The Bean Tradition: Behind Beans Popularity In Mexican Cuisine

Mexican cuisine is built around beans, as they are in almost every dish served. So, why are beans so popular in Mexico?

Beans are popular in Mexico because they have particular flavors and go well with many spices or flavorings. They were once used as currency in that region, and they store well in warm conditions, such as in Mexico. Beans are cheaper than meat and are a healthy addition to any meal. 

If you’re hungry for Mexican food, you may want to learn more about why beans are so popular in Mexico before digging in. 

These are 11 reasons why beans are so popular in Mexico:

1. Beans Are Essential For Mexican Cuisine.

Take a look at any authentic Mexican dish, and you’ll find beans alongside any entree. Beans are located on the tables of the upper class as well as the lower class, and everyone in between. Street vendors sell everything from beans to tortillas to rice.

Every home has a pot of beans that people take from daily, and every home cook most likely knows how to cook beans. 

2. Many Bean Varieties Inspire Several Flavorful Dishes.

There is an ‘infinite’ variety of beans, all with a unique flavor and texture. Actually, they are almost 40,000 types of beans in the world; however, only a few of those are regularly consume. With that being said, in Mexico, the many different bean types inspire different dishes, such as black beans with a spicy pork dish, or pinto beans served with tacos. There is also the Peruano bean that is more potato-like in flavor and texture, which would be appropriate for fajitas. 

Several flavorful dishes in Mexico are centered around the many varieties of beans found in Mexico. 

3. Beans Were Once Used As Currency.

While not technically “beans” like pinto beans or kidney beans, the ancient Mayan civilization used cocoa beans as currency for items like clothing, tobacco, and other food items to barter with the Aztec culture. Europeans also paid their workers with cacao beans, which is the precursor to chocolate. 

During the time of bartering, they also exchanged regular beans for goods or services. 

4. Some Beans Have a Neutral Taste and Go With Any Flavor.

Have you ever had refried black beans alongside a very spicy dish? The beans were neutral and helped your mouth cool down, didn’t they? Some beans are neutral and pick up any flavor that you add to it, like garlic, onions, different herbs, or spices. Certain beans can also be made into a dessert, like black bean brownies or chickpea cookie dough balls.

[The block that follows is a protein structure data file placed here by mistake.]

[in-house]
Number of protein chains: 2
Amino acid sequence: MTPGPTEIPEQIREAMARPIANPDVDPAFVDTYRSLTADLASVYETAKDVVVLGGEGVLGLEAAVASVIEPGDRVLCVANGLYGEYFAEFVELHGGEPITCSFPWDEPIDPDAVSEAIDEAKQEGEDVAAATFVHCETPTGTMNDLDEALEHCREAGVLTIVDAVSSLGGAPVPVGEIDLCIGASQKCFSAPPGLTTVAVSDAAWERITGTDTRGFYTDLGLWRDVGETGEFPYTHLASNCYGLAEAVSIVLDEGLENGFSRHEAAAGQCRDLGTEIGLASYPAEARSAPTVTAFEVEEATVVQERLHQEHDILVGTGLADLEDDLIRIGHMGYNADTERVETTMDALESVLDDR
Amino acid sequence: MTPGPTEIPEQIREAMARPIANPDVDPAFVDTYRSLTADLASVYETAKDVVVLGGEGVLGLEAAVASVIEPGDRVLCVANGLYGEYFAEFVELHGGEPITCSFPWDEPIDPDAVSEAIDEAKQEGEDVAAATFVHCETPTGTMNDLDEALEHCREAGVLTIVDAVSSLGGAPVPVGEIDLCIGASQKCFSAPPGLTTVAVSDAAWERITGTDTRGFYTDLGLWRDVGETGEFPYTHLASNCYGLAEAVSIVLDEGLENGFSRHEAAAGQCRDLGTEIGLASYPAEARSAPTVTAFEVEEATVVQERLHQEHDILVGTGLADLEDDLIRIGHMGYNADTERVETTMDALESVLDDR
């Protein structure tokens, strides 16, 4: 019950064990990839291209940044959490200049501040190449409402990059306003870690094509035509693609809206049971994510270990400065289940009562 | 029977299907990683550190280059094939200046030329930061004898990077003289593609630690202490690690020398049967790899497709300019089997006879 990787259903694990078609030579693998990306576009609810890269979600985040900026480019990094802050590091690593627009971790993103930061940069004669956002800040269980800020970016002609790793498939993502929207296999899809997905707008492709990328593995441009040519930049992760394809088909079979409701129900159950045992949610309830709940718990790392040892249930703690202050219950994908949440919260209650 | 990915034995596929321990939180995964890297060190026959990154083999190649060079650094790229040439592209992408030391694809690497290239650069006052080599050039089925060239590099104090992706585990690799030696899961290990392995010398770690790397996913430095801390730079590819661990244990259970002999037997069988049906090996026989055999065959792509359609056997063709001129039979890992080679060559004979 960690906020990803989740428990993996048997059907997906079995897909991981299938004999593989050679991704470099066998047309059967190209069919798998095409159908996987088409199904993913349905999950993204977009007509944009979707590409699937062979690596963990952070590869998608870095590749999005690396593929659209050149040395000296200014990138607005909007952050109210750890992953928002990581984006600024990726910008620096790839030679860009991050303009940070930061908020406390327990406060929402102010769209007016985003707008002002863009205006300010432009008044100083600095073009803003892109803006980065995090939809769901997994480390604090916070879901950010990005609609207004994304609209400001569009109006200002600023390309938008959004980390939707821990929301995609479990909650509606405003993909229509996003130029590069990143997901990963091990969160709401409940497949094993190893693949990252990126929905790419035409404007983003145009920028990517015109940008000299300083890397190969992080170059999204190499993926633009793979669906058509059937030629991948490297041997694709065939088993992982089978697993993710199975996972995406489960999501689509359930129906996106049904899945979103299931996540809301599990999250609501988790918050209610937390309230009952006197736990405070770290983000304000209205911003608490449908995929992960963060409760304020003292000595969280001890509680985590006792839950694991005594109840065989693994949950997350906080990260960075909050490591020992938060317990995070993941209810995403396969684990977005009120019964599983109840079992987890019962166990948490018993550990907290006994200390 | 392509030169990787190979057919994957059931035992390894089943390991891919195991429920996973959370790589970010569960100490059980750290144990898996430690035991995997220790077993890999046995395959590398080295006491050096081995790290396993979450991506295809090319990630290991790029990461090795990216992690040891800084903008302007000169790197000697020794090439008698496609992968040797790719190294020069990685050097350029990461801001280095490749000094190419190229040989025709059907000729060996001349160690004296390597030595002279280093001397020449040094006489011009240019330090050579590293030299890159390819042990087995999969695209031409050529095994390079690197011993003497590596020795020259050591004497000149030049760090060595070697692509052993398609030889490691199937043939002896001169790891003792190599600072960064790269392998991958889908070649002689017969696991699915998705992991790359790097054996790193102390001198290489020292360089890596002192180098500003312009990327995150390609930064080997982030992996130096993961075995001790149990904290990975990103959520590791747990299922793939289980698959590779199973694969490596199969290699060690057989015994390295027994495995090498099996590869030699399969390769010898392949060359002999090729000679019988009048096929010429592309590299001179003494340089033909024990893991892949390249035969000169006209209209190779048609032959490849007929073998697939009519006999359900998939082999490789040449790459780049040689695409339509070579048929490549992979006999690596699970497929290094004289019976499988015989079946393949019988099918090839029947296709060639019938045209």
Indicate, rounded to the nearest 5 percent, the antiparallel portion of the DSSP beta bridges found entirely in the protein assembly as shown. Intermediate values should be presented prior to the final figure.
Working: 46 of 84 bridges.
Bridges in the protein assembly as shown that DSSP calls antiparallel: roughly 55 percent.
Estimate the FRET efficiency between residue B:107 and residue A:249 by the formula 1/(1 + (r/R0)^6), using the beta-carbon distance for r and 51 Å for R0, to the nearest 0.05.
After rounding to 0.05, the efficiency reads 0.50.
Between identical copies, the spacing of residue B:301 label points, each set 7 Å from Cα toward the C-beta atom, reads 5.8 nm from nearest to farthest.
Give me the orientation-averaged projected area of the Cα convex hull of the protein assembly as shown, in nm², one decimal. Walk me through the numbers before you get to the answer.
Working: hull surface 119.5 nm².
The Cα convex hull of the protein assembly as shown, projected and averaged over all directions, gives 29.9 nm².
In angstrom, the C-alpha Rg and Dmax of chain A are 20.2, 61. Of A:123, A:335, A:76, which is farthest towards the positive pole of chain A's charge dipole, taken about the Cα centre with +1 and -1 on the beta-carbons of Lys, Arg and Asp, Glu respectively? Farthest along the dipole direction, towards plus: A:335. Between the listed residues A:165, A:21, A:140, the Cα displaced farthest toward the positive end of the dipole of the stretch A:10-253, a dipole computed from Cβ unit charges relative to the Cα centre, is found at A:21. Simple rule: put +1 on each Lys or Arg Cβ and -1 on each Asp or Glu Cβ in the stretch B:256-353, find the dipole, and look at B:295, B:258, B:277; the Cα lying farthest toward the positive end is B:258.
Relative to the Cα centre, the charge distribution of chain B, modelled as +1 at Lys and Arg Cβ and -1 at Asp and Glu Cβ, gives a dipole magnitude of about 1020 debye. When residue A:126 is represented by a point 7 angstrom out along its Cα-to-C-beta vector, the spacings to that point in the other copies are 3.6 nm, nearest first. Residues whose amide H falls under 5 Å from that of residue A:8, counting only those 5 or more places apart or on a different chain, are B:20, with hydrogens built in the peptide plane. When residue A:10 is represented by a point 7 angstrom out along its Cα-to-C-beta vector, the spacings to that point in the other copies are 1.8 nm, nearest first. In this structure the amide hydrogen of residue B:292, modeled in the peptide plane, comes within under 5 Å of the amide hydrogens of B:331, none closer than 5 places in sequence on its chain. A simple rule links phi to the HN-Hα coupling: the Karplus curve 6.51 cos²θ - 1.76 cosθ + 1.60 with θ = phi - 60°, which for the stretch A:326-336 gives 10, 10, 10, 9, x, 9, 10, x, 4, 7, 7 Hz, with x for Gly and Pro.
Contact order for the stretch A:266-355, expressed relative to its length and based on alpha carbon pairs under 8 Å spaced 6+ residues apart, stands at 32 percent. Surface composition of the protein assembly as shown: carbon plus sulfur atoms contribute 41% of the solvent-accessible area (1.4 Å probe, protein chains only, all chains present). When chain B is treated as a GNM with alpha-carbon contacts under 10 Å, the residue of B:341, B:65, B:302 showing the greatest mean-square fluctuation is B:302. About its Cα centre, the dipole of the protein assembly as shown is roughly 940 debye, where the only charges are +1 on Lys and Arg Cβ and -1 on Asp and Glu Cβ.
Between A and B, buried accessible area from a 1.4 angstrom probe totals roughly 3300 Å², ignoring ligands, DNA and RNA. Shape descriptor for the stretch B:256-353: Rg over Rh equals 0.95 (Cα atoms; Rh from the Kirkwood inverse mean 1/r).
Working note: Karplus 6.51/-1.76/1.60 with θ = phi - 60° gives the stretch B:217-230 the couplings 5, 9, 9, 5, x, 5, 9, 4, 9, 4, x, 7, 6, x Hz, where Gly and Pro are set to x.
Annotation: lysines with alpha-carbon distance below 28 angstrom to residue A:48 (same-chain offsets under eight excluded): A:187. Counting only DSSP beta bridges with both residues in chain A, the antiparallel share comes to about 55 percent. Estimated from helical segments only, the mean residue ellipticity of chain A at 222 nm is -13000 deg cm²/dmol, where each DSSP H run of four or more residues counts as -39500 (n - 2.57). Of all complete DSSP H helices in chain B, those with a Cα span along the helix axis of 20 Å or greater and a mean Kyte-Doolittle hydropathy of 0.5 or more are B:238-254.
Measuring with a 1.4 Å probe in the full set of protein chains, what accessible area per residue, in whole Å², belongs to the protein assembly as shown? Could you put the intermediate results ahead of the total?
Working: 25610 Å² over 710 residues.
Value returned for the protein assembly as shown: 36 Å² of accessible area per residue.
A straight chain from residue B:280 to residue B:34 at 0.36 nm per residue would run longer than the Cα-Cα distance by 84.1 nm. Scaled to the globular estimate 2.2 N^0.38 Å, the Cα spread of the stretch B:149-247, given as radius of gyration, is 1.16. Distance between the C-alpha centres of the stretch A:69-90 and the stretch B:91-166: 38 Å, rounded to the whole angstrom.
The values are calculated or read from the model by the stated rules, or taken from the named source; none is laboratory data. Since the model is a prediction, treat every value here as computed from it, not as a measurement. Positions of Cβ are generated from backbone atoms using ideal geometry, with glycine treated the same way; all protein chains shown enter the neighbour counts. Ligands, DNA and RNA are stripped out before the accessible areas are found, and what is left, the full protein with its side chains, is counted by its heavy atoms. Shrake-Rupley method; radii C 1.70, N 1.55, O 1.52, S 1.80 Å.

In Mexico, they serve beans at every meal, even breakfast. Beans with eggs is a popular combination, while beans in a fresh salsa go well for lunch or dinner. 

5. Dry Beans Store Well.

With the hot and dry conditions in Mexico, they need food that stores well in that environment, and dried beans fit this requirement. Many homes have a special place in the pantry for storing dry beans. Whether in burlap sacks or plastic bags, there is always a space reserved for beans, which is in stark contrast to the US. 

In the US, pantries are filled with canned beans, canned vegetables, and other items. 

6. Beans Are Cheaper Than Meat.

With Mexico’s minimum wage being quite low compared to other Western countries, many Mexicans don’t have a lot of money to buy food. Protein from animal sources may be superior in many ways; however, it is more expensive than beans, so many people opt to center their meals around beans. Beans are much less expensive and can feed a lot more people for less money, which is why beans are so popular in Mexico.

7. Mexico Has the Perfect Climate to Grow Beans.

Beans grow very well in all regions of Mexico, as they were first cultivated by the Maya and Aztec cultures in ancient times. Beans need warm or hot climates to grow in, and any late frost will kill the plants. While other crops, except maize, don’t do so well in a desert-like environment, beans thrive. So that is why beans are so plentiful and popular in Mexico.